Cybercriminals are changing their tactics, methods, and procedures during the COVID-19 health crisis and are targeting remote employees by using COVID-19 related lures in their phishing emails. The number of phishing attacks focused on people using mobile devices such as smartphones and tablets has sharply increased as per the latest report by Lookout mobile security company.
Throughout the world, there was a 37% increase in mobile phishing attacks on corporate users from Q4 of 2019 to the end of Q1 of 2020. In North America, there was even a 66.3% increase in mobile phishing attacks. Attackers are targeting remote employees in particular industry sectors like healthcare and financial providers.
Though the big increase in mobile phishing attacks is ascribed to the shift in working practices because of the COVID-19 pandemic, mobile phishing attacks have been steadily rising in the past few quarters. The success rate of phishing attacks targeting mobile device users appears to be higher because users are more inclined to click links than if they are working on a desktop or laptop computer since the phishing URLs are more difficult to recognize as malicious on little screen sizes.
Although the full link is probably shown on a laptop computer or desktop, a mobile device will just show the last part of the link, which would make the link look authentic on mobile devices. If doing a job from home, workers more likely to choose to use their mobile phones to do tasks to remain productive particularly those who have no large screens or multiple monitors at home.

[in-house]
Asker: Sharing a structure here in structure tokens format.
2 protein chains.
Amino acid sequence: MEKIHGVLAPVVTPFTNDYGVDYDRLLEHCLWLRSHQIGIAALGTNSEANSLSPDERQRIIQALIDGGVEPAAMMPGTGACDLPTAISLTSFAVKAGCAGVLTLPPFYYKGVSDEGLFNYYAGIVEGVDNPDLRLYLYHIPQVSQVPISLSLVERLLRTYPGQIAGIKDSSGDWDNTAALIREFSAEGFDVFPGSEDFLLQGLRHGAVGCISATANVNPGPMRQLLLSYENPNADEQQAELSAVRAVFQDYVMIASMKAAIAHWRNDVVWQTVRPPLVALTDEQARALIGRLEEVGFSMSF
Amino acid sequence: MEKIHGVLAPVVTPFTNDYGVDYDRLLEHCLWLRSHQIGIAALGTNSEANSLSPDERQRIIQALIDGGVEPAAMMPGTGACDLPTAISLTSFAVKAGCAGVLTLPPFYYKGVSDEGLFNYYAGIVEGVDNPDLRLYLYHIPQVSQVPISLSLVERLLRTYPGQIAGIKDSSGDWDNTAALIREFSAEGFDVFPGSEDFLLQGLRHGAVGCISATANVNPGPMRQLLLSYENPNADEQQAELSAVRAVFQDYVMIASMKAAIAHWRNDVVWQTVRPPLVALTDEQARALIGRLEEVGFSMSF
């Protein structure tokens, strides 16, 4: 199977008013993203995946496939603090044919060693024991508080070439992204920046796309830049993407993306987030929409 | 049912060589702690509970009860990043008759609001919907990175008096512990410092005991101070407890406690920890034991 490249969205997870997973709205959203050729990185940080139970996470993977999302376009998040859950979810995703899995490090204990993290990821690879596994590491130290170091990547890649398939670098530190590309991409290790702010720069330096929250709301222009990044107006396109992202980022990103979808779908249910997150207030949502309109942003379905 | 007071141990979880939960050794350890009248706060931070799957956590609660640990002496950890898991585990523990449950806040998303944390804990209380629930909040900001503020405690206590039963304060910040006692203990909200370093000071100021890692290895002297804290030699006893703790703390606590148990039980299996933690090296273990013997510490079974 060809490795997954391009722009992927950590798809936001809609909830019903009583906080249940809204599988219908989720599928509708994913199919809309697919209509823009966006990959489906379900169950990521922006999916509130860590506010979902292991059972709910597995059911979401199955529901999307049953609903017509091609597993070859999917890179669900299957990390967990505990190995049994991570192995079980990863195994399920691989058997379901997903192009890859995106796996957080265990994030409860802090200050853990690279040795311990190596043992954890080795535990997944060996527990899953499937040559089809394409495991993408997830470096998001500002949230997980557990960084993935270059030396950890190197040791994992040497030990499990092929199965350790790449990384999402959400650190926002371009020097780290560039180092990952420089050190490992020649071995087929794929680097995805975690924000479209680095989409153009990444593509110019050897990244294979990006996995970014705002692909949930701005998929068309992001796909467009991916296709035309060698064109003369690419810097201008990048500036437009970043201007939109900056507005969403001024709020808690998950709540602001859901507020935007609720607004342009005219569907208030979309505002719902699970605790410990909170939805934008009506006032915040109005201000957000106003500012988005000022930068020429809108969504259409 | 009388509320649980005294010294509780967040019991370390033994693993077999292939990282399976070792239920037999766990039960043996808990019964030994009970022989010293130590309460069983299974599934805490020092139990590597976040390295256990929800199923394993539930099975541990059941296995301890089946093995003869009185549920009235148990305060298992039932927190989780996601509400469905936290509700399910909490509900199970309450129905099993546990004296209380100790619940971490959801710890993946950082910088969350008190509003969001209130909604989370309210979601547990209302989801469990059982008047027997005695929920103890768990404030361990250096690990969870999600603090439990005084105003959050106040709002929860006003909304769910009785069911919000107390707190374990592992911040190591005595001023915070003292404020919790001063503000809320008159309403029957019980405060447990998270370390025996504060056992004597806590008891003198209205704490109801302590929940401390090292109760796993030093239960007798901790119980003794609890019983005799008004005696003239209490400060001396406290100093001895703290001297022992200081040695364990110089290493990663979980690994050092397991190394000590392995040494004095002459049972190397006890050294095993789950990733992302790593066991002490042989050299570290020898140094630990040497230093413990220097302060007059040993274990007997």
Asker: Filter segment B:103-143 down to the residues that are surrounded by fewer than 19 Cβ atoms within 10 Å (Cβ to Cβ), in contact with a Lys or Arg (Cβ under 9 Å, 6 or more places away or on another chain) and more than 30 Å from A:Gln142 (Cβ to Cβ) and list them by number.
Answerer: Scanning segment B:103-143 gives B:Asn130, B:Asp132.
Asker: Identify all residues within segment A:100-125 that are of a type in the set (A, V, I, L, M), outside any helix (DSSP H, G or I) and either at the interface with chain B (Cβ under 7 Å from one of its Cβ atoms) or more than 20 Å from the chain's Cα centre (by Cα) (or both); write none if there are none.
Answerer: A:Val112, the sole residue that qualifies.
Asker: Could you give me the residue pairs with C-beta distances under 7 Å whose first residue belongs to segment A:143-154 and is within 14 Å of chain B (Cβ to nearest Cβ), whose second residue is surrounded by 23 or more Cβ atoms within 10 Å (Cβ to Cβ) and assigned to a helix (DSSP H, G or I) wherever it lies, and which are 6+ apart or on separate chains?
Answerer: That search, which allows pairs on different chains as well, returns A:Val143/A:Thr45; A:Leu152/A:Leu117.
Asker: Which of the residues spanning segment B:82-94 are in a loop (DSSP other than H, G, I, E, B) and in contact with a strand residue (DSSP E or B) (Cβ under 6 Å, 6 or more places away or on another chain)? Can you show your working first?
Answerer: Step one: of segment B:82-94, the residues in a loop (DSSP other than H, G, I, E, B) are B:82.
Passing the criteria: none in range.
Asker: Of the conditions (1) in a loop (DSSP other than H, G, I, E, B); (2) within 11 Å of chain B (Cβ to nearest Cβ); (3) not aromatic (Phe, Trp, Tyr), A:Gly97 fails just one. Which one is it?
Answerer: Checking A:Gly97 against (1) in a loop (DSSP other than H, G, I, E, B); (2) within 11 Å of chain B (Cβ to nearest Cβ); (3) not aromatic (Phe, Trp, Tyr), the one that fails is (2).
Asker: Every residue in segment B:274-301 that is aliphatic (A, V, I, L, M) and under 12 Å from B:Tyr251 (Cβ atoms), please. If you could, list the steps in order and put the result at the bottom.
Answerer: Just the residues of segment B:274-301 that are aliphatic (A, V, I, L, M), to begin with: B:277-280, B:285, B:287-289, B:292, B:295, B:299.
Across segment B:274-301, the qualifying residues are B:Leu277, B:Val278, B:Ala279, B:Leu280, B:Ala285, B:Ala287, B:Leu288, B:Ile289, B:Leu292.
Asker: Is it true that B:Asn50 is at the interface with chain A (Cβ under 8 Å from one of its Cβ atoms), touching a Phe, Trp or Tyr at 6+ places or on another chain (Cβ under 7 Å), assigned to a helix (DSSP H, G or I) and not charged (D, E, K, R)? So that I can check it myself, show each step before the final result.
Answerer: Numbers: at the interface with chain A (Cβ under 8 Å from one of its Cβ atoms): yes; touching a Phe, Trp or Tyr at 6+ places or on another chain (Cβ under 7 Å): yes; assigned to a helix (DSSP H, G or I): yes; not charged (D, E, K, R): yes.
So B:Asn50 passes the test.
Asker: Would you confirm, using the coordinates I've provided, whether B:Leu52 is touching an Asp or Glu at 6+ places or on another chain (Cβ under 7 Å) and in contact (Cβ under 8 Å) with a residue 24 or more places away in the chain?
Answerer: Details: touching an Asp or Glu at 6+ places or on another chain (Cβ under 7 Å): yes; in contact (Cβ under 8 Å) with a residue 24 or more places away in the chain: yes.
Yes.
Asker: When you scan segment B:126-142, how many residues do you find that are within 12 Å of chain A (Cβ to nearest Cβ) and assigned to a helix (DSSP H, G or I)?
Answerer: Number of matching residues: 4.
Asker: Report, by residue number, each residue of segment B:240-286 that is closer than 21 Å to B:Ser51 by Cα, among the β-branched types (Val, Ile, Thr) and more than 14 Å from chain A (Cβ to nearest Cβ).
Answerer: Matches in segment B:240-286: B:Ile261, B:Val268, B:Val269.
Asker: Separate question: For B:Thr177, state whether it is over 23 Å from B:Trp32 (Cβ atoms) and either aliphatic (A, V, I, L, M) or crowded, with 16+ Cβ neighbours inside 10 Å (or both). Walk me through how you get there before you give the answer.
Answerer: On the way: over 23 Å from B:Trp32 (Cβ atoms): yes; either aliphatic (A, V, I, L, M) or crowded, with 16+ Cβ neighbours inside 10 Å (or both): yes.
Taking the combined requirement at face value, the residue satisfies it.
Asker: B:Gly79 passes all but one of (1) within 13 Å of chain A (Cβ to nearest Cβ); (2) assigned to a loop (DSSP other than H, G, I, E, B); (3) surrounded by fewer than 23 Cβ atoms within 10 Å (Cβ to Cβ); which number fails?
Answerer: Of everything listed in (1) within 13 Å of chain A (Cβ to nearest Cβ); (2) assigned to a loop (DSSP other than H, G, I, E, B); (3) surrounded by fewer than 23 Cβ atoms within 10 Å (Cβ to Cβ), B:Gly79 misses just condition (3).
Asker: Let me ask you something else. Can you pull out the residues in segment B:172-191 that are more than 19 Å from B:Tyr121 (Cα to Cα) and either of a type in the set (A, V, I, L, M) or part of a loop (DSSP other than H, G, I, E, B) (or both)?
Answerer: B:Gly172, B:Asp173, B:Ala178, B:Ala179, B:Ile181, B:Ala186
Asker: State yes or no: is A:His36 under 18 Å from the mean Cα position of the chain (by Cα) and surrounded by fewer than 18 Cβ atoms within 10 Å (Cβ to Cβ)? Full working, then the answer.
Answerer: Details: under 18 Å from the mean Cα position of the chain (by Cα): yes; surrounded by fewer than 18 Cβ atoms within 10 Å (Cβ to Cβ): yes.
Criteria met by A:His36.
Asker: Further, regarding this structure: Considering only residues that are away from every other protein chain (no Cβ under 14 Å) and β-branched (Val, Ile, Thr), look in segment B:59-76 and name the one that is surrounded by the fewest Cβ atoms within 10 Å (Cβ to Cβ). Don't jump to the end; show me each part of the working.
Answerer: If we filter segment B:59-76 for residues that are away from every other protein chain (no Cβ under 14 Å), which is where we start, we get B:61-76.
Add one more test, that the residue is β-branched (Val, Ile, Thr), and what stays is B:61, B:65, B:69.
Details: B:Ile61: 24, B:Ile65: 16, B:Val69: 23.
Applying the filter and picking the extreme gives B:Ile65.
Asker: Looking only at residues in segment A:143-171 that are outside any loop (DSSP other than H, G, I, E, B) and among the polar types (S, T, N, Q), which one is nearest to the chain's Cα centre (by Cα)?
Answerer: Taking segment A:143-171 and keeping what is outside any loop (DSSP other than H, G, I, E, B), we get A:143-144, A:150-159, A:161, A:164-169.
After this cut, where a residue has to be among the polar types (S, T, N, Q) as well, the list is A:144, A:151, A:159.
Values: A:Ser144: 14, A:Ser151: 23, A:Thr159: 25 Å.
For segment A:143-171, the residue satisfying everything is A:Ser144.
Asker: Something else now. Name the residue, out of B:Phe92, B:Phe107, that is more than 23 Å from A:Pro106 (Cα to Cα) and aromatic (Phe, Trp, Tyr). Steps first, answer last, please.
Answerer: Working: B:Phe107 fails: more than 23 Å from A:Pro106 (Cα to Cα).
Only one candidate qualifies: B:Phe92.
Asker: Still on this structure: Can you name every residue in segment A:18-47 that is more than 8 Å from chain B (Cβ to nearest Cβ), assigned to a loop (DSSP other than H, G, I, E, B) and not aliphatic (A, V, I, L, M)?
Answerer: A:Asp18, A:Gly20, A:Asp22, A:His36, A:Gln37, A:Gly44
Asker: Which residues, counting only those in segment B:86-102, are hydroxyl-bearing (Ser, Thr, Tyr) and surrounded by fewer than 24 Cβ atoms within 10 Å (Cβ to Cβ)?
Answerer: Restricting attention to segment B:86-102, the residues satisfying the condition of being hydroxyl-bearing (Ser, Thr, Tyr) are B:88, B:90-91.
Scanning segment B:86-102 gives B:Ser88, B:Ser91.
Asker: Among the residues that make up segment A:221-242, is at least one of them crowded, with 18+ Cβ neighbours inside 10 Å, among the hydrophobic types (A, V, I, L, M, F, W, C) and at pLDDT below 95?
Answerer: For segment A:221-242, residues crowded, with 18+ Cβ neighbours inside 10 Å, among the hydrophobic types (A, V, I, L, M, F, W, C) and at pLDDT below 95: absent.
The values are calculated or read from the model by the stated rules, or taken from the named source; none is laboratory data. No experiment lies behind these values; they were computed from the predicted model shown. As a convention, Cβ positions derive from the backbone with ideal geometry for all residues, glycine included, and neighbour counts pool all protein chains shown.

Mobile devices usually do not have a similar level of security as laptops and office computers, so it is less probable to stop phishing messages. There are additionally more ways that phishing links may be delivered to mobile devices than laptop computers and desktops. On a desktop, phishing links will typically be delivered via email, but on mobile devices, they can easily be delivered via email, messaging apps, SMS, and social media and dating apps. There is also a tendency for mobile device users to work more quickly and not stop to consider whether a request is legit, even if they may be especially cautious on a laptop or desktop.
The increase in phishing attacks directed at mobile gadget users is a security issue and one that must be dealt with by company employers via education and training on security awareness, particularly with remote workers. Phishing awareness training must tackle the threat of mobile phishing attacks and demonstrate how links can be previewed on mobile gadgets and other measures that must be taken to check valid requests.
If the message seems to comes from somebody you know but appears like a weird ask or takes you to a peculiar webpage, get in touch with that person directly, and confirm the communication. When doing remote work, it’s even more essential to confirm any sort of unusual communication.
Education only may not be adequate. Security software must also be utilized on mobile devices to better protect end-users from phishing and malware attacks.